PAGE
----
If you haven’t already, you will probably receive a spam email from a company that wants you to pay to advertise your research on their website or in a magazine they publish. These are not predatory journals because they’re not scientific journals.
Instead, they serve to showcase research for hefty fees. Few researchers will benefit from such services, and using them may make the customer appear desperate for recognition.
Appendix: Spam email from the Atlas of Science:
Da: Atlas of Science [mailto:firstname.lastname@example.org]
Inviato: venerdì 2 settembre 2016
Oggetto: Create attention for your article; write a layman’s summary
Dear Dr [Redacted],
We are interested to publish the layman’s summary of your research article: ‘[Redacted]’ on our website.
The new project ‘Atlas of Science’ (www.atlasofscience.org) started from 1st October 2015. It is made by scientists for scientists and the aim of the project will be publishing layman’s abstracts of research articles to highlight research to a broader audience.
Scientific articles are often difficult to fathom for journalists, due to the scientific jargon.
Although journalists like to assess the news value quickly, that is by no means simple with most research articles. Writing a short, understandable layman’s summary is a good means to reach this goal.
Why is press attention important?
Reaching the press is of great importance for yourself as well as for others.
∙ Through media exposure you attract the attention of potential employers, financiers and other people who may benefit you.
∙ It is an extra reward for your work. It is fun for yourself as well as for family and friends to read in newspapers what you have realized.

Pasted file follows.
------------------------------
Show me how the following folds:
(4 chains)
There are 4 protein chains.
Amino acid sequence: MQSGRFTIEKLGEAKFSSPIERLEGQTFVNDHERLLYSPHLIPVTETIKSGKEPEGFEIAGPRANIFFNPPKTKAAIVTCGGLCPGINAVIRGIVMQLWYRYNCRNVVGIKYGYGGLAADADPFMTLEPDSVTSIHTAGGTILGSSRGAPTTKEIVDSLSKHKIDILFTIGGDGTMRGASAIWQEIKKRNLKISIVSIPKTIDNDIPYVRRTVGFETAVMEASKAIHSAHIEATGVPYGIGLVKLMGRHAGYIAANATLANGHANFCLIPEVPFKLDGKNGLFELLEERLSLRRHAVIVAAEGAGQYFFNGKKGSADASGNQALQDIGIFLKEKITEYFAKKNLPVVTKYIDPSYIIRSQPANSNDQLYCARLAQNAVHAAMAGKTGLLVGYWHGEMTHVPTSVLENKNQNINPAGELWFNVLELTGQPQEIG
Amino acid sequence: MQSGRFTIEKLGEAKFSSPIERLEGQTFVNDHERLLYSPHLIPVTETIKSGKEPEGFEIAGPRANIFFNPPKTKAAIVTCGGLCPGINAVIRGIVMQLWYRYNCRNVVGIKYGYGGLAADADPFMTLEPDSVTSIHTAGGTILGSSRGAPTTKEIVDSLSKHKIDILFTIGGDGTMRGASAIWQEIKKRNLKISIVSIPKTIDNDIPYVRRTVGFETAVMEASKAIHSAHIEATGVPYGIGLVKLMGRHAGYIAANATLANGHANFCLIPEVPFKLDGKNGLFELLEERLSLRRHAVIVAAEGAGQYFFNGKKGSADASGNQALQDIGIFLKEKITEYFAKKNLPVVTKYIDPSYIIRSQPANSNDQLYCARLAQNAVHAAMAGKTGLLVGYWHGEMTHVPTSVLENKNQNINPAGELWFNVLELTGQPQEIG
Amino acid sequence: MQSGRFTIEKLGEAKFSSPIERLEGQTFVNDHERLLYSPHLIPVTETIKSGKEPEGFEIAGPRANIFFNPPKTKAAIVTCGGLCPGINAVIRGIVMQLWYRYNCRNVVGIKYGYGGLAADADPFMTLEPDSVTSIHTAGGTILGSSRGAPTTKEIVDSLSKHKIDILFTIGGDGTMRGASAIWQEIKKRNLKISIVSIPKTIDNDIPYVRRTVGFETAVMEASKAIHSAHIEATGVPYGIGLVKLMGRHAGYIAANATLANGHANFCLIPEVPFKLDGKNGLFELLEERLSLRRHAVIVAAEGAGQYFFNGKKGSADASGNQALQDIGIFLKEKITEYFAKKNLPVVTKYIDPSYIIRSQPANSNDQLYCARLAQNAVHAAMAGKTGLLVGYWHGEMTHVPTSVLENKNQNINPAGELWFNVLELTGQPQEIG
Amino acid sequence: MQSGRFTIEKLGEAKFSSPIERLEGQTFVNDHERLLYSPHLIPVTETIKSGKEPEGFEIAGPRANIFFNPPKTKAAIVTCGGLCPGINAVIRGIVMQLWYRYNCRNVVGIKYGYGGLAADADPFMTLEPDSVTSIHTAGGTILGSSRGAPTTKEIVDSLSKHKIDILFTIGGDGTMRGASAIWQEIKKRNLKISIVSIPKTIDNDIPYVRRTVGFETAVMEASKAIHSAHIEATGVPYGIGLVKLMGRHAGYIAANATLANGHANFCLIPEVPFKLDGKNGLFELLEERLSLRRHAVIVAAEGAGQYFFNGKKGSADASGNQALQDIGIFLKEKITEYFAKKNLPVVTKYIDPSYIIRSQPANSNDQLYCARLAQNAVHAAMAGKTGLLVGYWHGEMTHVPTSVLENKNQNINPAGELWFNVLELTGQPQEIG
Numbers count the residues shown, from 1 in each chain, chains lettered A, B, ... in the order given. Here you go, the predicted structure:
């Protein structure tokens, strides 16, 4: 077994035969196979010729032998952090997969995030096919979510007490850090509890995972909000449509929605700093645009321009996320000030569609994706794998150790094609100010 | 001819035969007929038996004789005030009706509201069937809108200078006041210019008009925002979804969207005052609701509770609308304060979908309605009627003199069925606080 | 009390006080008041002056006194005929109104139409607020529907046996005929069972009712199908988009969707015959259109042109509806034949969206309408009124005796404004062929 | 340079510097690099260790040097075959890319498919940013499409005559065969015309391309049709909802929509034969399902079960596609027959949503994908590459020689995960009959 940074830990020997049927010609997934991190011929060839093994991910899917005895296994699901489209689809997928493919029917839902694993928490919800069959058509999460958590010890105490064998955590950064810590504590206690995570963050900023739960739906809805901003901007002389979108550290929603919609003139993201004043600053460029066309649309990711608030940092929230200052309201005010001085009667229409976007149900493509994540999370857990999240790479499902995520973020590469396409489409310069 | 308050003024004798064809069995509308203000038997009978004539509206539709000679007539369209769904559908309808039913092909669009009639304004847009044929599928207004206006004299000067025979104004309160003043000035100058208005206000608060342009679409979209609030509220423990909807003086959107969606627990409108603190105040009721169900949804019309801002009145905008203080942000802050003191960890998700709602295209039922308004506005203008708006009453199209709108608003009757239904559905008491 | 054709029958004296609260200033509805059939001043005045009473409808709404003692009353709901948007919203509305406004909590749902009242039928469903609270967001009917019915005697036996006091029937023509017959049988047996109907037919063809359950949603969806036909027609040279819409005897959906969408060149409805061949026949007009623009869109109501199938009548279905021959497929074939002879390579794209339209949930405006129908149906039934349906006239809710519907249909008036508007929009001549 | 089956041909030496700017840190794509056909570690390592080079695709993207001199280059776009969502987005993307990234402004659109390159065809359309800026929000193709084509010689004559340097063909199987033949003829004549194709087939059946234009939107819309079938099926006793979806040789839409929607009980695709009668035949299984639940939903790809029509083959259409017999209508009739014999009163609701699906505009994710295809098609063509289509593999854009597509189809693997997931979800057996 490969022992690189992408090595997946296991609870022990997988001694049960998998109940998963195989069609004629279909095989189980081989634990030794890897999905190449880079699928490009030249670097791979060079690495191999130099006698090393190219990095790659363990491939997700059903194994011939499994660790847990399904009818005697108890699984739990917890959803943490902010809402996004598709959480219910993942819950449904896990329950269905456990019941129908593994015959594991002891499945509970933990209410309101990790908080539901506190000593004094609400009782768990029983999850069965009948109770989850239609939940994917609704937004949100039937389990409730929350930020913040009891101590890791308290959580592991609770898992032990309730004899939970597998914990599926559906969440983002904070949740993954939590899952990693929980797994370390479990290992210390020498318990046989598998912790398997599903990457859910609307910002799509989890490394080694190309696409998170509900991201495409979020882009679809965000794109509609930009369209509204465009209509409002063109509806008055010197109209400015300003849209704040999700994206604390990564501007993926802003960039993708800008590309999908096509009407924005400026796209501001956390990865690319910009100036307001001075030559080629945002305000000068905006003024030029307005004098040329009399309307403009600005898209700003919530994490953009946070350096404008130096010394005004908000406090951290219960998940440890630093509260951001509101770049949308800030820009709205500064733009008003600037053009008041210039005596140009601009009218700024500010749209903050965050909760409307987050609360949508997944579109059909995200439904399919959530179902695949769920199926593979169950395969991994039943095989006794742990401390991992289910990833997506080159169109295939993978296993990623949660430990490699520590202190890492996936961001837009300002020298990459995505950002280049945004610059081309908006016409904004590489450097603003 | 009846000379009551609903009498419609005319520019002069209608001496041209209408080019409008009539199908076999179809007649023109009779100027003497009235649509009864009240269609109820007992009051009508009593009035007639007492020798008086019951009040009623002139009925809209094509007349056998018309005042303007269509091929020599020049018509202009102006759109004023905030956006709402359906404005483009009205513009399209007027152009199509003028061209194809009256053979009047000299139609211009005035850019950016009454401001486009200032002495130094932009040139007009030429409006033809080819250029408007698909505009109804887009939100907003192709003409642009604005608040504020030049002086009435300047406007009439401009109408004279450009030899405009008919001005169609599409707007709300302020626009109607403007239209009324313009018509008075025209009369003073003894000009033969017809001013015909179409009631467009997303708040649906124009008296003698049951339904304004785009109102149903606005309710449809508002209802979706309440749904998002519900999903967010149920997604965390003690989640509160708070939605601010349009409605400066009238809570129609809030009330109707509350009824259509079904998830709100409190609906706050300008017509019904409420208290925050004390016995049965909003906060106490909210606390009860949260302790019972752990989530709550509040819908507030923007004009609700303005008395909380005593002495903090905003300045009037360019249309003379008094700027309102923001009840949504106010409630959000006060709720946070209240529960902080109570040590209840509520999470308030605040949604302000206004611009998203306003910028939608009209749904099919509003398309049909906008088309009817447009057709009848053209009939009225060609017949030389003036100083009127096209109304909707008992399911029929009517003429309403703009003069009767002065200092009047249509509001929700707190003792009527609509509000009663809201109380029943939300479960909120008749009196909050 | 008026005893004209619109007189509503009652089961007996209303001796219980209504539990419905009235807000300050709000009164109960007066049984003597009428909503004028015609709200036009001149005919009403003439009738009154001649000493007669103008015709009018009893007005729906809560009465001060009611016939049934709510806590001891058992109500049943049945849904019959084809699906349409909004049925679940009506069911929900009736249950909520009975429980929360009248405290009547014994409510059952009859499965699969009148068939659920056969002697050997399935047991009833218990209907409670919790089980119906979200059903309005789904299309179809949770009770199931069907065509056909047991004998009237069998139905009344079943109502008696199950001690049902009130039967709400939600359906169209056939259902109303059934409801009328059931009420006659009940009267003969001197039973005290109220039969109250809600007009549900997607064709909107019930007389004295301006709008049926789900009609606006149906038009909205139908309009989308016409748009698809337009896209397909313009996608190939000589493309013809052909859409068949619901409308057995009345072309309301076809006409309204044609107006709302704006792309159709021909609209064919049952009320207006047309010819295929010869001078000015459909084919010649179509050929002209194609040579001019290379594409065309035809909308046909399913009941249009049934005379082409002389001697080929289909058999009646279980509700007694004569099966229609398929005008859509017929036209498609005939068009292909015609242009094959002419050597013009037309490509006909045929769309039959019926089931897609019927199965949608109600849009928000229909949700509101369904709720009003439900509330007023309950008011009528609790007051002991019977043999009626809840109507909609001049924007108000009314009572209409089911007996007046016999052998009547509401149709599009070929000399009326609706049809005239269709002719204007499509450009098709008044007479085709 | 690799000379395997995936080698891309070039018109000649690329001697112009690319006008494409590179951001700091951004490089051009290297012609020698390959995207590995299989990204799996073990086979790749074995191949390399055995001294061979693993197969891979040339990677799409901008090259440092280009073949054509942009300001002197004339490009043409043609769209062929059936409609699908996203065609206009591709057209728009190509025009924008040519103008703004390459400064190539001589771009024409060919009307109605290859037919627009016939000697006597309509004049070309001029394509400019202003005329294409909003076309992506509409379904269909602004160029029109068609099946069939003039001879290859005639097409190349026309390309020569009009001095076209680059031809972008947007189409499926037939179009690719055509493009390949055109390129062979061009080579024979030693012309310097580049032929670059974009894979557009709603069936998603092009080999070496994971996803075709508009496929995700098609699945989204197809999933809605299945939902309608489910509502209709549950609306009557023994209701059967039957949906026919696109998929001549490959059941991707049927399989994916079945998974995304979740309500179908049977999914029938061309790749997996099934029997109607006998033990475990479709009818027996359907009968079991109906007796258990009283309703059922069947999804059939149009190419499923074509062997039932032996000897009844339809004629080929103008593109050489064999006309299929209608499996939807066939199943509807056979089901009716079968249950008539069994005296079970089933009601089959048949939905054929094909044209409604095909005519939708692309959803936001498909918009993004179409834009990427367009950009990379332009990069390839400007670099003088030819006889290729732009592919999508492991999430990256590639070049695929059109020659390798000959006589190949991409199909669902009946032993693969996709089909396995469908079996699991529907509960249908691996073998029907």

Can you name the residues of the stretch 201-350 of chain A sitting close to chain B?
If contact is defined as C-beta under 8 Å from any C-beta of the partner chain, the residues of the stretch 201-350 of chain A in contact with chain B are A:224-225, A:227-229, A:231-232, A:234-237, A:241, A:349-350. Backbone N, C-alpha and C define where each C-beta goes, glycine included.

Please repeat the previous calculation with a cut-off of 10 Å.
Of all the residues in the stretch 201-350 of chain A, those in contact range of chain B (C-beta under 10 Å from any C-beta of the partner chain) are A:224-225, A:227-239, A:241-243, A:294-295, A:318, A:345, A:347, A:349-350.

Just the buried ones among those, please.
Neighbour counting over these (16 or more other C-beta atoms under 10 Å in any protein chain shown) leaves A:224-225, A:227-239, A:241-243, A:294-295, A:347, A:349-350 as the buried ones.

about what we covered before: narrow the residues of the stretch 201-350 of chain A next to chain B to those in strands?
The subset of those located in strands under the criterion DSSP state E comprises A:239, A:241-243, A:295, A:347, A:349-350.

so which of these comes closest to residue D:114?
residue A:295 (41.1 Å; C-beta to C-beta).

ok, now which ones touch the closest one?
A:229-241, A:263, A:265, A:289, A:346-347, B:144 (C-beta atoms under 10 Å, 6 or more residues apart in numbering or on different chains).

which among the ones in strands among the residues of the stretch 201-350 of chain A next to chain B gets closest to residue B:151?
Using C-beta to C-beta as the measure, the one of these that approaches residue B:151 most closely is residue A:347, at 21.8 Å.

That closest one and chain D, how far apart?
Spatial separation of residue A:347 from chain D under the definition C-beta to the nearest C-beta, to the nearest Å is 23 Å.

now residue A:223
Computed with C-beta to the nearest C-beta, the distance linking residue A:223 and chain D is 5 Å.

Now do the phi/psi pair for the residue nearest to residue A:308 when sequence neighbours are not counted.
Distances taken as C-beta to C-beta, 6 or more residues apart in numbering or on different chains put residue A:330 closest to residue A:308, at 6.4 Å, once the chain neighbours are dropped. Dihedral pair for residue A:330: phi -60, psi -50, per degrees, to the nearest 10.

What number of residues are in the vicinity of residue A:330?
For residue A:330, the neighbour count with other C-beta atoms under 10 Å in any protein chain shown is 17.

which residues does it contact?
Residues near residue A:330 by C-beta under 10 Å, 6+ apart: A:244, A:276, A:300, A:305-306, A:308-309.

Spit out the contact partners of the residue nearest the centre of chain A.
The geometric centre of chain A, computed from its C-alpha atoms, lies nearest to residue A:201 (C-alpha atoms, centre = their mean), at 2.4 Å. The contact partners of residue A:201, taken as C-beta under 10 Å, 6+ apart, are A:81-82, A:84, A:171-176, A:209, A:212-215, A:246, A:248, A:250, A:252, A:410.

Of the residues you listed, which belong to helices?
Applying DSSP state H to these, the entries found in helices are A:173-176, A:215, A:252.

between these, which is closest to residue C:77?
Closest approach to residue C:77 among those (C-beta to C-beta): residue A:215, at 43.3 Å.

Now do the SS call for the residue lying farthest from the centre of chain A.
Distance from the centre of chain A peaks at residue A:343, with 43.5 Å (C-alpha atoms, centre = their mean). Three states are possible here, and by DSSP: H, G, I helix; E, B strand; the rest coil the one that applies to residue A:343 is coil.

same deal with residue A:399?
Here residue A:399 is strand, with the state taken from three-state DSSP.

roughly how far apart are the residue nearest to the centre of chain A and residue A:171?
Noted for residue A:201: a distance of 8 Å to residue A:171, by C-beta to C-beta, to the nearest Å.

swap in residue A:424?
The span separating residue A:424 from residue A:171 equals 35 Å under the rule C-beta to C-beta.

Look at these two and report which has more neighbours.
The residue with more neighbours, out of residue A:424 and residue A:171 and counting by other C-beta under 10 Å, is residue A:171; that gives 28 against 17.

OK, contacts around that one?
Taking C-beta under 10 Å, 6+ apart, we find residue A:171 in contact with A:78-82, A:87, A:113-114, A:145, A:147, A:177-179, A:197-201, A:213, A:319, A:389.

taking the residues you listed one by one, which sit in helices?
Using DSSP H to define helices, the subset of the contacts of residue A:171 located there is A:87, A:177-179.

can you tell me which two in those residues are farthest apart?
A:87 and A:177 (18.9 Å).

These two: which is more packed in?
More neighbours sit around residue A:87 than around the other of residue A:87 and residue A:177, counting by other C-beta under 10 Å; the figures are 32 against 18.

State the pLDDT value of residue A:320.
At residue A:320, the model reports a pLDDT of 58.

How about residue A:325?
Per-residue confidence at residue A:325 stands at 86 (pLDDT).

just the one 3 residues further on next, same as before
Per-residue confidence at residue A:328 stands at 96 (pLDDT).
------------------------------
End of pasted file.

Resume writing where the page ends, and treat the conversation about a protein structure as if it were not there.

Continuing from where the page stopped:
What should your layman’s summary look like?
Your text should be understandable for a layman. The more accessible your text is, the bigger the chance of media attention. The text (600 words at most) should be in English. Figures are allowed (2 figures at most).
The illustrations (figures/images/graphs) can add attraction to article. If there is any possibility we will recommend you to supplement your submission with illustration (although this is optional and will not affect the publication)
Title should be short and catchy.
Some other tips:
Ask the questions:
- How would I explain my thesis in a couple of minutes to:
- Someone at an average IQ;
- To my grandmother (provided she is not a nuclear physicist or the equivalent in your
- discipline!); or
- To a reporter for a mainstream publication.
- What difference will or could your research make to the world?
Remember that you are preparing this for a general audience. Keep the language as simple and jargon‐free as possible.
∙ Submit your summary within 2 months directly from this page www.atlasofscience.org/submit-your-laymans-summary/
What do we do with your layman’s summary?
∙ We check the text, and in consultation with you we dot the i’s and cross the t’s.
∙ Your text will be available on the Atlas of Science website, www.atlasofscience.org .
We will actively promote this site to the press.
Please, let us know if you are interested and do not hesitate to contact us if you have any question (simply reply to this email).
— Thank you,
Atlas of Science